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    European stocks ended the third quarter lower, with banks taking the hit, but Federal Reserve rate cuts should help markets calm down in the fourth quarter and even finish the year on a positive note if no other major bad news emerge.

  • I am writing this in Munich airport, yet again waiting for another delayed flight. Getting around Europe these days by aircraft is a frustrating business. Planes are full and aircraft movements appear to be overwhelming the ability of both the airlines and the air-traffic controllers to keep schedules. This notwithstanding the 'flexibility' of departure times already built into the timetable.

  • The credit market squeeze helped to drive growth in euro zone corporate borrowing to a record high in August, figures showed on Thursday, as some firms found that their usual funding channels had dried up.

  • Credit markets eased Wednesday, not from any big improvement in underlying conditions but because the U.S. Federal Reserve is expected to throw moral hazard concerns to the wind and cut rates again in October.

  • French-Dutch airline Air France KLM is planning to team up with two Spanish firms to bid for Spain's Iberia against a group led by private equity group TPG, Expansion newspaper said on Wednesday.

  • The asset manager of Belgian-Dutch financial group Fortis said on Tuesday it would buy a Tokyo-based asset managing firm wholly owned by Germany's Commerzbank to expand its operations in Japan.

  • European stocks closed mixed under the weight of the impact of the global credit turmoil on the banking sector and with scattered good news from other sectors.

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  • Customers line up to enter a Northern Rock branch in Bromley, in south-east London, 14 September 2007.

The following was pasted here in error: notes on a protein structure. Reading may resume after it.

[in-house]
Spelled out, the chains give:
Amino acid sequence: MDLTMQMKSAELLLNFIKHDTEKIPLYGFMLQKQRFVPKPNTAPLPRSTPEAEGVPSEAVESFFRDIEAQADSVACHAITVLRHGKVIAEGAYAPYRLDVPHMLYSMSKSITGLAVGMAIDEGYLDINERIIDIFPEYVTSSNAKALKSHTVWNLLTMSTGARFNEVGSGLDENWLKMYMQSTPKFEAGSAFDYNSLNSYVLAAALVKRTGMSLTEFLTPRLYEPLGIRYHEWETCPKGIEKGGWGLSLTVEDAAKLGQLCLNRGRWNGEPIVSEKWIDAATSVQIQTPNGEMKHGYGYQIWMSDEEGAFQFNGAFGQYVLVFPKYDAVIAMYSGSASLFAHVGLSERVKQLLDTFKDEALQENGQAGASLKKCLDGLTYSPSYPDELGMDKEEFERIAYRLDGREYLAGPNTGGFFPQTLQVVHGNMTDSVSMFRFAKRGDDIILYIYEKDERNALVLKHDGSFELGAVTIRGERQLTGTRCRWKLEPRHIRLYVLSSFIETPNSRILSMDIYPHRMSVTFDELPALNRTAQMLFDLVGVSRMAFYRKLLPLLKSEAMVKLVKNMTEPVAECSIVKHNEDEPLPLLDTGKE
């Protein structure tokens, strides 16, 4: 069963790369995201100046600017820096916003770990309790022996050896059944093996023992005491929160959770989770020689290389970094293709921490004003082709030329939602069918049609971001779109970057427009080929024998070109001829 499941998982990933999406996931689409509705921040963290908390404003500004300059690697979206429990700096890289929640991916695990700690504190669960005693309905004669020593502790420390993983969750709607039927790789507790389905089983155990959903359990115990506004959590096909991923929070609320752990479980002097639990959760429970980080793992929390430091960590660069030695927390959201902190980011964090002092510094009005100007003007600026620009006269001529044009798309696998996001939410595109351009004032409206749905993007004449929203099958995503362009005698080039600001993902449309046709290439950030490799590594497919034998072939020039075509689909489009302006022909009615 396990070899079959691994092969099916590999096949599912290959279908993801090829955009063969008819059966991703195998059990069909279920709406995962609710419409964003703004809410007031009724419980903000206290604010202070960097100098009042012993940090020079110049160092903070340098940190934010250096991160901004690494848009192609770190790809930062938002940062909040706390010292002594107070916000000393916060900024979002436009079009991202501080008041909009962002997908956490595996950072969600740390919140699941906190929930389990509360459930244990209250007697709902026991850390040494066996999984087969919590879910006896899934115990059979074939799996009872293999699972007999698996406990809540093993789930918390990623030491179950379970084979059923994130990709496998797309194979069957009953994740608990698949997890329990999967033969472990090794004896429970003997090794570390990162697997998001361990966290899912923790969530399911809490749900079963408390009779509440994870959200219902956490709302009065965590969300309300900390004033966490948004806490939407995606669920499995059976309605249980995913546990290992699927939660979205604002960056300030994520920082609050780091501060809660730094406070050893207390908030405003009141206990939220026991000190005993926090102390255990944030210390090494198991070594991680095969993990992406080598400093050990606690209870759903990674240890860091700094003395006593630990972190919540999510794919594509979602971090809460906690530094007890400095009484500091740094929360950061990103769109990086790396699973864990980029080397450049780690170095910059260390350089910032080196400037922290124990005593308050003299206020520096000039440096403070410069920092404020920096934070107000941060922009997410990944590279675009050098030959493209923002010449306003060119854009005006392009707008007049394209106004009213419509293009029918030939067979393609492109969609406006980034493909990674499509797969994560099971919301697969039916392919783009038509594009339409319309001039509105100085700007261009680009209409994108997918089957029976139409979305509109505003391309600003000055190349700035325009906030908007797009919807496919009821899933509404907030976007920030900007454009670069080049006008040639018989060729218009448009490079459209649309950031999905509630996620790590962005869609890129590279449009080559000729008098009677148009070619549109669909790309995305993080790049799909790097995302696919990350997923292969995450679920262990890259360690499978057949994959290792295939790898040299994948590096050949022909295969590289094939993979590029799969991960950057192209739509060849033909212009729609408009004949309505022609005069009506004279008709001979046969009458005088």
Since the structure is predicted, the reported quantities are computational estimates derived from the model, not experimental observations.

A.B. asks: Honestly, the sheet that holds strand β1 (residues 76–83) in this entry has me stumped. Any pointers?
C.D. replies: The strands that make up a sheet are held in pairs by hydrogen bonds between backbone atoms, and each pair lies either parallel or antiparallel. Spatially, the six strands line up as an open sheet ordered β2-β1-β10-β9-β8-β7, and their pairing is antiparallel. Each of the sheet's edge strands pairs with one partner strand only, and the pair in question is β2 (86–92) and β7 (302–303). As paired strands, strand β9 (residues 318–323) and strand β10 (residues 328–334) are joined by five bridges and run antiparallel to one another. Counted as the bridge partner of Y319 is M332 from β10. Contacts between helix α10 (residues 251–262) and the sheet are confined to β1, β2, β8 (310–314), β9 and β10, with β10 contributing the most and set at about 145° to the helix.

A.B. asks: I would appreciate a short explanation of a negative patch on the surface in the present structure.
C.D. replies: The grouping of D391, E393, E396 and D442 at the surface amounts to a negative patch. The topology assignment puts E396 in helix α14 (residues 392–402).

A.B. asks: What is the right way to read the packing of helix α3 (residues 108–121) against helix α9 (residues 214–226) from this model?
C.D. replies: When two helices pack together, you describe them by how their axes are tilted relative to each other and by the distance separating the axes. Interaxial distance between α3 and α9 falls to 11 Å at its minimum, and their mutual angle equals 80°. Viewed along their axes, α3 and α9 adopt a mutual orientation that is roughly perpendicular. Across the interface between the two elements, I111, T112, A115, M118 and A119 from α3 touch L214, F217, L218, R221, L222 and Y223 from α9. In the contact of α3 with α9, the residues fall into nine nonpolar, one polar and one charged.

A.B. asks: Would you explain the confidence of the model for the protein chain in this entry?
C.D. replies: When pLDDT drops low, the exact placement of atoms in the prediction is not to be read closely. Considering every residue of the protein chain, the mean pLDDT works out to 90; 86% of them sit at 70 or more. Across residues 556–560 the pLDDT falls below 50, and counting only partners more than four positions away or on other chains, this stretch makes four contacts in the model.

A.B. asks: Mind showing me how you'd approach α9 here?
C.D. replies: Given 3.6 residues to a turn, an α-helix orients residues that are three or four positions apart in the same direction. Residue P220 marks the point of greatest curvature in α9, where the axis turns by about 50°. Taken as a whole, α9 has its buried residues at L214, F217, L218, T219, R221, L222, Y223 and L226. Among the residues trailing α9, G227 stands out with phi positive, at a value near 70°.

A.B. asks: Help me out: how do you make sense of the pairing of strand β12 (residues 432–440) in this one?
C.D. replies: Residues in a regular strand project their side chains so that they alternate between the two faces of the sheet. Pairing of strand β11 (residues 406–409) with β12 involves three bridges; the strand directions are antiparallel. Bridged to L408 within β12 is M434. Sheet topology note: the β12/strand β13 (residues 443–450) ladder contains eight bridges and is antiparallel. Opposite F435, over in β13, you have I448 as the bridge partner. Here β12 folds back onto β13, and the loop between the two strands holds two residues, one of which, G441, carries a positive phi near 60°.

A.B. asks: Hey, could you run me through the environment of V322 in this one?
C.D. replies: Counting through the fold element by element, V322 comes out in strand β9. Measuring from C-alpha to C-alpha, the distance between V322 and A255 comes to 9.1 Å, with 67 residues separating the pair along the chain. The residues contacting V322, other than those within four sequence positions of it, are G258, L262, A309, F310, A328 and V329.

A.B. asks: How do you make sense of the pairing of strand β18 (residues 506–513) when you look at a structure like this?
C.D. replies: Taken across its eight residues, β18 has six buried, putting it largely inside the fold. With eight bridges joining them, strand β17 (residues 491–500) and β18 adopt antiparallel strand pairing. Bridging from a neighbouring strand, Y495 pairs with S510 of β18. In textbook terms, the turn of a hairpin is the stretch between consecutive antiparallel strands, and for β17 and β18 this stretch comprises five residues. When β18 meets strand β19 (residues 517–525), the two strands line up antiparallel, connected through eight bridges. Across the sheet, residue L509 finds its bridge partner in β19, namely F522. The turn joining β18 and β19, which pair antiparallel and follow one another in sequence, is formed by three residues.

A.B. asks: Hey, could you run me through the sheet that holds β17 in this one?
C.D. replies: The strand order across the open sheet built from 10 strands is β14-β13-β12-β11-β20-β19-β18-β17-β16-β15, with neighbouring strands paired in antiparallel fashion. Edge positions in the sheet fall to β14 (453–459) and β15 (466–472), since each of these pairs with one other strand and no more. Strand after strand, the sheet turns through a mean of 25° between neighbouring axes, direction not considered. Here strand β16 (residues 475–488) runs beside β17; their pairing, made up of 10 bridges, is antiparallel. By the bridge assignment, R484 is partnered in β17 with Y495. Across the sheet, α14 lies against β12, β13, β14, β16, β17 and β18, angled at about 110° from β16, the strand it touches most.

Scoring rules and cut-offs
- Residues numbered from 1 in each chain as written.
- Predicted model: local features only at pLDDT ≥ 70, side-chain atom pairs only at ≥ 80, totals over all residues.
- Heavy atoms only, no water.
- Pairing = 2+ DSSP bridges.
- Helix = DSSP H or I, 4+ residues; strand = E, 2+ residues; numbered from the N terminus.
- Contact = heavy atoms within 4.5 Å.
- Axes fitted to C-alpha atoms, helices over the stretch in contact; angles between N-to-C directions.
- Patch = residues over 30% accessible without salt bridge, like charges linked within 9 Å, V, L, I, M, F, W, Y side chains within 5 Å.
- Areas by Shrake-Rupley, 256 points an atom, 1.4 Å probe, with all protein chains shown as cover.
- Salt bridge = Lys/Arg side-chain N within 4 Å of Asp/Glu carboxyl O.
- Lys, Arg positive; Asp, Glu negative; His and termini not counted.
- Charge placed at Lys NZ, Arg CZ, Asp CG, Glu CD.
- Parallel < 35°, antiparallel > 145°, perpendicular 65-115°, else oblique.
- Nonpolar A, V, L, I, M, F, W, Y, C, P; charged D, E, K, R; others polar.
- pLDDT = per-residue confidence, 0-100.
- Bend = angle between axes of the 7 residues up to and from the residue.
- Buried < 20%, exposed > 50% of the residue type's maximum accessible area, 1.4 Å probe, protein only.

Troubled British mortgage lender Northern Rock has taken legal advice about whether to pay out a 59 million-pound (US$119 million) dividend to shareholders, the Financial Times said on Monday.

  • Customers line up to enter a Northern Rock branch in Bromley, in south-east London, 14 September 2007.

    Three leading hedge funds are planning a break-up of beleaguered British bank Northern Rock, according to a newspaper report on Sunday.

  • Norwegian Petroleum and Energy Minister Odd Roger Enoksen has resigned, the prime minister's office said on Friday without naming his replacement.

  • The current financial turmoil will translate into banks' profits rising more slowly and fewer buybacks, while disclosure rules need to be tightened, Gordon Scott, managing director of financial institutions at Fitch Ratings, told "Squawk Box Europe."

  • The European Commission said on Tuesday it was monitoring events at British mortgage bank Northern Rock but it was too early to say whether guarantees pledged by the British government to worried depositors amounted to illegal state aid.

  • Commerzbank is bracing itself for a higher-than-predicted loss from investments related to risky U.S. mortgages that are set to knock a hole in profits, sources familiar with the matter told Reuters.

  • The global credit crunch may force banks to take back up to 1.2 trillion euros ($1.66 trillion) in debt on their balance sheets if investors are unable to refinance it, the Dutch Central Bank (DNB) said on Monday.

  • The euro zone's trade surplus was smaller than expected in July, unadjusted data showed on Monday, but exports continued to grow more quickly than imports.

  • U.S. Treasury Secretary Henry Paulson said on Monday he expected market turbulence to continue for a while, but said the current turmoil was occurring against the backdrop of global financial strength.

  • Qatar's state investment fund is close to buying Nasdaq's 31% stake in the London Stock Exchange Group, newspaper reports said on Sunday.

  • EU finance ministers gave the European Central Bank a thumbs-up on Friday for its efforts to combat a global credit crunch and said they hoped the damage to economic growth from market turmoil would be limited.